FOR THE RECORD, the guy leading the crowd in "Take Me Out To The Ballgame" in the seventh inning at SBC Park last night was Brendan Gaughan, a rookie on NASCAR's Nextel Cup circuit.
For the record, he wanted to throw out the ceremonial first pitch last night, but he blew out his left arm the last time he did that at a major league game.
So he agreed to sing.
Don't let his singing fool you. You really need to hear him talk to truly appreciate him.
Gaughan (pronounced Gone) is the 28-year-old driver of the No. 77 Kodak Dodge. But, you can't spend a Kodak moment with Gaughan to get a complete picture of his life. You need a Kodak hour or two. Or Kodak day or two. If his life were turned into a movie, it would be part "Rudy" and part "Big Fish."
Gaughan is the youngest son of Las Vegas hotel and casino magnate Michael Gaughan and grandson of gaming pioneer Jackie Gaughan, who started the family's gambling business in 1948. Brendan is the only NASCAR competitor who owns a driver's license and a gaming license and perhaps the only one who has bussed tables and dealt cards in Las Vegas.
Gaughan also is a graduate of Georgetown University. He went there on a football scholarship as a 210-pound kicker who led his team to a bowl game. He dumped football in the spring and fall in favor of racing but, in between in the winter, he walked onto the basketball team. That's where, in practice, he said he successfully defended a freshman guard named Allen Iverson. "The Answer" initially had no answer for Gaughan's questionable motivational techniques.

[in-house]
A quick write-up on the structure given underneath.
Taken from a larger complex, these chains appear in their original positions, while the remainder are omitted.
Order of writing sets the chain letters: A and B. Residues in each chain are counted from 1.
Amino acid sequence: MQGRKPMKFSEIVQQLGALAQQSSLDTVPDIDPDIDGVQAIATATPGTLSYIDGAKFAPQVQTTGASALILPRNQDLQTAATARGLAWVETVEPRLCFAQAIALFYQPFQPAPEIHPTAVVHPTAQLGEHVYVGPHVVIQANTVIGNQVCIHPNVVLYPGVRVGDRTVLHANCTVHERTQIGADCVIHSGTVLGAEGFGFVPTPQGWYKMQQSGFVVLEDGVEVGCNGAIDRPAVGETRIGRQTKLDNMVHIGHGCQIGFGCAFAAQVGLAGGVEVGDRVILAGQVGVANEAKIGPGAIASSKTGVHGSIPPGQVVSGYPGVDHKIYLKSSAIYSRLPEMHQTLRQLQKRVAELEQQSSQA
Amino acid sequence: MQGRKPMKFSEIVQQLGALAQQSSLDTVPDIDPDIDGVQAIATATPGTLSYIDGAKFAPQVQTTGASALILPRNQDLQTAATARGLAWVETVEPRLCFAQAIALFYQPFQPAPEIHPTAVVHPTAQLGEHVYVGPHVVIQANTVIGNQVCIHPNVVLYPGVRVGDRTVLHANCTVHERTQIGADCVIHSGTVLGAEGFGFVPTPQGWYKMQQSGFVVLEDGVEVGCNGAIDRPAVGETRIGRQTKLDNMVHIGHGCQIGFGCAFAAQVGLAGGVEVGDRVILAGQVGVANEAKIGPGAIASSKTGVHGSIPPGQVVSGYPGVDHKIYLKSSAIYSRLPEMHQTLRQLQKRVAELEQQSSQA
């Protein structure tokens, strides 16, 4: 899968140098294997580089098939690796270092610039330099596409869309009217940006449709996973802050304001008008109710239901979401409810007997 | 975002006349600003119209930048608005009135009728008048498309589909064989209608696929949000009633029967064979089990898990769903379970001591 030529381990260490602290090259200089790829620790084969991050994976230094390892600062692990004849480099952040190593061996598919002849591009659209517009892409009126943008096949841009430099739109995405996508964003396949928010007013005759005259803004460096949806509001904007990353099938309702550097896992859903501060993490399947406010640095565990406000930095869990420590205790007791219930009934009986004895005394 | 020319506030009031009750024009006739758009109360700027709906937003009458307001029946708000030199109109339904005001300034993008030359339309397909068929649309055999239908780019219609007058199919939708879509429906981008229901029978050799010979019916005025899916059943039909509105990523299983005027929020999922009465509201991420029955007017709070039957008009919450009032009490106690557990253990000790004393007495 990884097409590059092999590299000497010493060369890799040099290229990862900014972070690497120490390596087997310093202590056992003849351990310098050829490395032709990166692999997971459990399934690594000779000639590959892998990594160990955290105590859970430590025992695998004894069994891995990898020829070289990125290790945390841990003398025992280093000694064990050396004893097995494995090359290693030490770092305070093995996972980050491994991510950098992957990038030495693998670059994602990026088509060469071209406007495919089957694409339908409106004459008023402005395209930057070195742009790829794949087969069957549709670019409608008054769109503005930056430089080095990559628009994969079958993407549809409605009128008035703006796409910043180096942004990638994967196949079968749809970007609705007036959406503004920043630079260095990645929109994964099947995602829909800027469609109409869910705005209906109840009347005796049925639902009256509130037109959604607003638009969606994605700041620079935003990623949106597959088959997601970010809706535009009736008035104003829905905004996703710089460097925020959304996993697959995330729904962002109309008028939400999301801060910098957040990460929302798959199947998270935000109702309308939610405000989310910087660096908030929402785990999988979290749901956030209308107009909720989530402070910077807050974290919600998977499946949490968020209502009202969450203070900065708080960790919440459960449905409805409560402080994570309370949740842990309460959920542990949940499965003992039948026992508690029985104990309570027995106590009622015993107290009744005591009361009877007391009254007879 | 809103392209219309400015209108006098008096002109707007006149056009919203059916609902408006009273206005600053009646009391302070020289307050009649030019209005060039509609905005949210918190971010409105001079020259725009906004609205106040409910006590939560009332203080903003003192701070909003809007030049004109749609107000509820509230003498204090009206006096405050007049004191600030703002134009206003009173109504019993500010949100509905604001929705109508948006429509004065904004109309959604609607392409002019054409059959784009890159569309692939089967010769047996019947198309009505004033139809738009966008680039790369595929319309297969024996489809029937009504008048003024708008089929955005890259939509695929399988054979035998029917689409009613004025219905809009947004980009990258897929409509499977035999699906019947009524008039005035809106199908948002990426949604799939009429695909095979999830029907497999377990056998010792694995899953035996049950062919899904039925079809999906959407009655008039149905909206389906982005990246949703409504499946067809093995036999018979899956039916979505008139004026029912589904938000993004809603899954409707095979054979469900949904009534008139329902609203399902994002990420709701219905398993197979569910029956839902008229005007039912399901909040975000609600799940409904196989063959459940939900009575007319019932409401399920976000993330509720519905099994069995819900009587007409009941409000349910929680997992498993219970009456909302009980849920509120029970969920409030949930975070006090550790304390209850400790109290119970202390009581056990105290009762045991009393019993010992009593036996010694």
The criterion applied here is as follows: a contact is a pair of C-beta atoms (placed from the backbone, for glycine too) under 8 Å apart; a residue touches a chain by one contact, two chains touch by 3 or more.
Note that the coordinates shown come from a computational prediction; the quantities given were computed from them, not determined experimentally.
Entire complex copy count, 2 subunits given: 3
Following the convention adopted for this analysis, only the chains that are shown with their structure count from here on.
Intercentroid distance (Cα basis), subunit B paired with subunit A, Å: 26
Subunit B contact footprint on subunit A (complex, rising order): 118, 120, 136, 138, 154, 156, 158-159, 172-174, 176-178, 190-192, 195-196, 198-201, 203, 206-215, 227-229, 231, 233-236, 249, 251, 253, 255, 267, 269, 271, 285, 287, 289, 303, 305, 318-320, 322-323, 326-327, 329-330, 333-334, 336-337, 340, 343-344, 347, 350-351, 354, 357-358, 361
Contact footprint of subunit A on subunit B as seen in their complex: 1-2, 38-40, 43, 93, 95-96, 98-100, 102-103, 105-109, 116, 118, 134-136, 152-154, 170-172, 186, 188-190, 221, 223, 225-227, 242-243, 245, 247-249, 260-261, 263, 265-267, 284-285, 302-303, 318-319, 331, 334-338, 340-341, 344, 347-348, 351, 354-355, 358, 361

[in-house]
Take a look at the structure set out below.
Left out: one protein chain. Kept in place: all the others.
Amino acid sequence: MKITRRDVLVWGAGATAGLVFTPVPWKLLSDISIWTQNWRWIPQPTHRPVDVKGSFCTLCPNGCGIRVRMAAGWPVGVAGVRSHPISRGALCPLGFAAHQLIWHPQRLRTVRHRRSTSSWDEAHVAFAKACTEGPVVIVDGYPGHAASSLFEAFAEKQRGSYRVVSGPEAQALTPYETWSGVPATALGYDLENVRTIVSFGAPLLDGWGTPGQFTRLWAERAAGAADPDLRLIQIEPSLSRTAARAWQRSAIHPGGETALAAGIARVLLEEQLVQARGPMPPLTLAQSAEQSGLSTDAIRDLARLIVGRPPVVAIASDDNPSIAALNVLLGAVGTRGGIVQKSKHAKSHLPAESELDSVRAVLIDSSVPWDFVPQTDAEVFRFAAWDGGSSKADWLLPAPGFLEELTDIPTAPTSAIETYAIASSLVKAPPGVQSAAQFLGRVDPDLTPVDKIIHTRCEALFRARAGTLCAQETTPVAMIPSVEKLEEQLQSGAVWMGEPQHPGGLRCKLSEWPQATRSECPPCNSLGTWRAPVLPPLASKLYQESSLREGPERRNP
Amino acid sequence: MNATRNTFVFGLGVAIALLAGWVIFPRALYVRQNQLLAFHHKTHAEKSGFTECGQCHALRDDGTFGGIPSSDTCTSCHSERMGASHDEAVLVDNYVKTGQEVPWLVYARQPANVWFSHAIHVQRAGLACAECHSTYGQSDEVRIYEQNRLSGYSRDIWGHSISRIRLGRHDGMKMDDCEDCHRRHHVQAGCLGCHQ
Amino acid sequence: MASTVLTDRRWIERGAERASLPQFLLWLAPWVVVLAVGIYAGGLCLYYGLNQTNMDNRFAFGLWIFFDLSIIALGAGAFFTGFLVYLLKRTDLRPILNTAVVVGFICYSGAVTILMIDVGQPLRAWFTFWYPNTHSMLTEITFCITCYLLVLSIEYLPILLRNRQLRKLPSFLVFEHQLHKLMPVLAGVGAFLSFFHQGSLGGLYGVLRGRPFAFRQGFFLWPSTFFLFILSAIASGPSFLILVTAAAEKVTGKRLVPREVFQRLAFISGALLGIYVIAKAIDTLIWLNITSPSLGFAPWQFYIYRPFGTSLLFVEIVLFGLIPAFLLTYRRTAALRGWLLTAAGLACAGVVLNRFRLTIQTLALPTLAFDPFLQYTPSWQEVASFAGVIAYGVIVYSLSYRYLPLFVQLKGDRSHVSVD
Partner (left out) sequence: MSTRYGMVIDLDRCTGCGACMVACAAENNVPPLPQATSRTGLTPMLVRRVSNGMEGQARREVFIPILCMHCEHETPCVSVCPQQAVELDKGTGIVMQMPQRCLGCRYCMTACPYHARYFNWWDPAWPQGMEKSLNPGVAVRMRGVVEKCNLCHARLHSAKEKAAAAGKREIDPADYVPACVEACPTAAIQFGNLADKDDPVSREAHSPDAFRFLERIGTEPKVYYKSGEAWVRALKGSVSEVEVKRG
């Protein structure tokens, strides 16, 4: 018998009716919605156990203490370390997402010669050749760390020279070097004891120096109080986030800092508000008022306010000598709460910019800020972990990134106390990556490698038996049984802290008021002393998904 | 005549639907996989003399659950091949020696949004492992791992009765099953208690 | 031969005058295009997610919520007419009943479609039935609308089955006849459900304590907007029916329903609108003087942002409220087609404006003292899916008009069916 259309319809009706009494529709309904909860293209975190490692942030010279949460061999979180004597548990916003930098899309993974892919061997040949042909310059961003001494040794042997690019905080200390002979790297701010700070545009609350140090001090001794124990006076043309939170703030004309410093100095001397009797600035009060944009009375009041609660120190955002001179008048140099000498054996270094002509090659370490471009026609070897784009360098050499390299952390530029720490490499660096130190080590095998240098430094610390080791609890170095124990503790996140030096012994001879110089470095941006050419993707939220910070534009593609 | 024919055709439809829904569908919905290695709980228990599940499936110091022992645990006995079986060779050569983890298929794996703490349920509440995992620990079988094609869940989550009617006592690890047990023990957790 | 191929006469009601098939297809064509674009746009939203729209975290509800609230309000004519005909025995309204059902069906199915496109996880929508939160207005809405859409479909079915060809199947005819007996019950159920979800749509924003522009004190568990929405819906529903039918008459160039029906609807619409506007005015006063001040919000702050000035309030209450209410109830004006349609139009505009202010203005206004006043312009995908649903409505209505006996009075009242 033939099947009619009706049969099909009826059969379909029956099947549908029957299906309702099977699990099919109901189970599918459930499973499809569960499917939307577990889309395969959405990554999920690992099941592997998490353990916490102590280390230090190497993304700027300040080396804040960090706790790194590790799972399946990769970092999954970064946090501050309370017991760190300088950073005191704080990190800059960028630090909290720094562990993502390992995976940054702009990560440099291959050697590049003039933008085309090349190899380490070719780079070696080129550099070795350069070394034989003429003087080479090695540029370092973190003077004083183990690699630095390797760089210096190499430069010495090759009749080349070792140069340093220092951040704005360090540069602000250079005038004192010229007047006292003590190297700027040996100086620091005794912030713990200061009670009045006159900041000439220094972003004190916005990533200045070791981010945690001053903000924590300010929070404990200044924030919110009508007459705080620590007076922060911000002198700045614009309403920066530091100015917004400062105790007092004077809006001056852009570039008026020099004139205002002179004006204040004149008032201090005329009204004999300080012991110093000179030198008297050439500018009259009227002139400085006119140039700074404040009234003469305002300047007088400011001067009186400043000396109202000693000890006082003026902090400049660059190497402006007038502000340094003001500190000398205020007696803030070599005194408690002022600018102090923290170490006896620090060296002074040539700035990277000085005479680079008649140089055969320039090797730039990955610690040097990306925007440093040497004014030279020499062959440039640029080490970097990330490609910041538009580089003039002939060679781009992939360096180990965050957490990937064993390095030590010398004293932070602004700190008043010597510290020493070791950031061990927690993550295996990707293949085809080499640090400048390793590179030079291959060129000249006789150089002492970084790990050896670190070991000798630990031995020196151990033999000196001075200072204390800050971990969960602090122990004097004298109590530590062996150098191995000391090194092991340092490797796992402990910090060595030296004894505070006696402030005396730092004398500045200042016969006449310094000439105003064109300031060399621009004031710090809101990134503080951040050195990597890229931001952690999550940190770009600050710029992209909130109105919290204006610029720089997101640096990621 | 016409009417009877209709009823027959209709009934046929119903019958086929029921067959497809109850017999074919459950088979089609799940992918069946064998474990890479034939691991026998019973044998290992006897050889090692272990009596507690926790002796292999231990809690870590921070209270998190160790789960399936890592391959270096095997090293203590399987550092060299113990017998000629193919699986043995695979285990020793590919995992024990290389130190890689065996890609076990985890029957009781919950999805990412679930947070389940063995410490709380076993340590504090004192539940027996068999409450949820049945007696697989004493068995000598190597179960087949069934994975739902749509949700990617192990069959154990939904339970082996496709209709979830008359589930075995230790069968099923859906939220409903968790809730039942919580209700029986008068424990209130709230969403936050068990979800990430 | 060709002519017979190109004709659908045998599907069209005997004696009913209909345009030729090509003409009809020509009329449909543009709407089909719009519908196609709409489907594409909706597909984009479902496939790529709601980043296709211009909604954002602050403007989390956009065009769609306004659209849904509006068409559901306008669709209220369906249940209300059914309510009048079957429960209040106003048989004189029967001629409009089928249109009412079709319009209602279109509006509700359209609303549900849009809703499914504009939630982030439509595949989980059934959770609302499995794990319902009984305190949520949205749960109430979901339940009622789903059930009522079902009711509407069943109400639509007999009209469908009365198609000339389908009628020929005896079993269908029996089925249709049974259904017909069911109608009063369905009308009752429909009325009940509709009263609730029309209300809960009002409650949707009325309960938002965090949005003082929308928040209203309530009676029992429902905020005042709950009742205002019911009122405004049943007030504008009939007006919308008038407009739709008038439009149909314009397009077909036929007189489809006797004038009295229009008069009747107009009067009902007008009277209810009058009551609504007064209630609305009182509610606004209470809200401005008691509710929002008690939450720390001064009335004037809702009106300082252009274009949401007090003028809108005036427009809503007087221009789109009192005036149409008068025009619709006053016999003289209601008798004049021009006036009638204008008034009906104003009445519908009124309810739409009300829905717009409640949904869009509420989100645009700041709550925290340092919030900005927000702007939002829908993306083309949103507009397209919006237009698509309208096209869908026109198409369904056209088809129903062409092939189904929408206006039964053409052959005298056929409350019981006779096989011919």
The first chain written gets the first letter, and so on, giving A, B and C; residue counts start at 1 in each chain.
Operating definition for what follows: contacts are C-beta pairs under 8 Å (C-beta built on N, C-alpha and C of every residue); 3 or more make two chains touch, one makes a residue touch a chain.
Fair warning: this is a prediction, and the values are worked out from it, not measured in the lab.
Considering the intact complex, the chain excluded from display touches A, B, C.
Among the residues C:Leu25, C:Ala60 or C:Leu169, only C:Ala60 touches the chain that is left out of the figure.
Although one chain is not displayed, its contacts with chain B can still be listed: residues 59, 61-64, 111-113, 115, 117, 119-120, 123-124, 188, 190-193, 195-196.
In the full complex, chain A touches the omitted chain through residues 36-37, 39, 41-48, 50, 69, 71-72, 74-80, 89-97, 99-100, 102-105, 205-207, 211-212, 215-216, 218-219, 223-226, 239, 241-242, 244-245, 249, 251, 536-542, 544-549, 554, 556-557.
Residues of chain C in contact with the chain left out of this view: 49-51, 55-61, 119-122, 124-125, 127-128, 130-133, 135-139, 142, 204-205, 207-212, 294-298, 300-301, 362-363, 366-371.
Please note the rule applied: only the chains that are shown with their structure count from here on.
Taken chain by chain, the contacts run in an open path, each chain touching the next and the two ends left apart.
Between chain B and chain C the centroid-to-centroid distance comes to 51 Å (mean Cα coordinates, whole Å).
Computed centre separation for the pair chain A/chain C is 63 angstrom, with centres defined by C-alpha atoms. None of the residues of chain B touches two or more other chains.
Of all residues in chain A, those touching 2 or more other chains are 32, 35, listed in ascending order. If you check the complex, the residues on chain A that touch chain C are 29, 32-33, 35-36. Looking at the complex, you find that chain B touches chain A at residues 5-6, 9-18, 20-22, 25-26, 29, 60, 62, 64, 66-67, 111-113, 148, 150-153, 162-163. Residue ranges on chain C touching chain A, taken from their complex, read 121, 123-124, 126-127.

Eventually, Gaughan left Georgetown with two Big East championship rings and a B.S.B.A. degree - with heavy emphasis on B.S. - in human resource management.
Now, he's managing to put together a remarkable rookie season. The year began when, as part of the Speedway Children's Charity, he traveled to Iraq to visit soldiers and fell in love. He met his current girlfriend, who's in the Air Force. In Iraq, Gaughan also met a two-star general who gave him a shiny gold U.S. Marine Corps military coin, which the NASCAR driver has been carrying with him everywhere, including his Dodge race car.
Maybe it's finally bringing him some luck. Gaughan led the DHL 400 for 13 laps at Michigan International Speedway Sunday. He qualified sixth and finished 16th in the race to climb to 29th in the Nextel Cup point standings.
Still, it's been an uphill struggle for someone who first learned in the desert from his father how to race before honing his craft in Wisconsin. To this point in his life, Gaughan has been pretty much successful in every sport and every endeavor he's ever tried. That he's been struggling in his rookie year in NASCAR after dominating the NASCAR Craftsman Truck Series would seem to be a realistic expectation.
"I've never believed in the word 'realistic,'" Gaughlan said yesterday. "You have to look at circumstances."
Like the circumstances of him winding up at Georgetown.
"Unfortunately I was just a placekicker and I have always hated placekickers," Gaughan said. "I grew up in a family of linemen and I grew up believing that kickers go golf during practice and show up on their own time."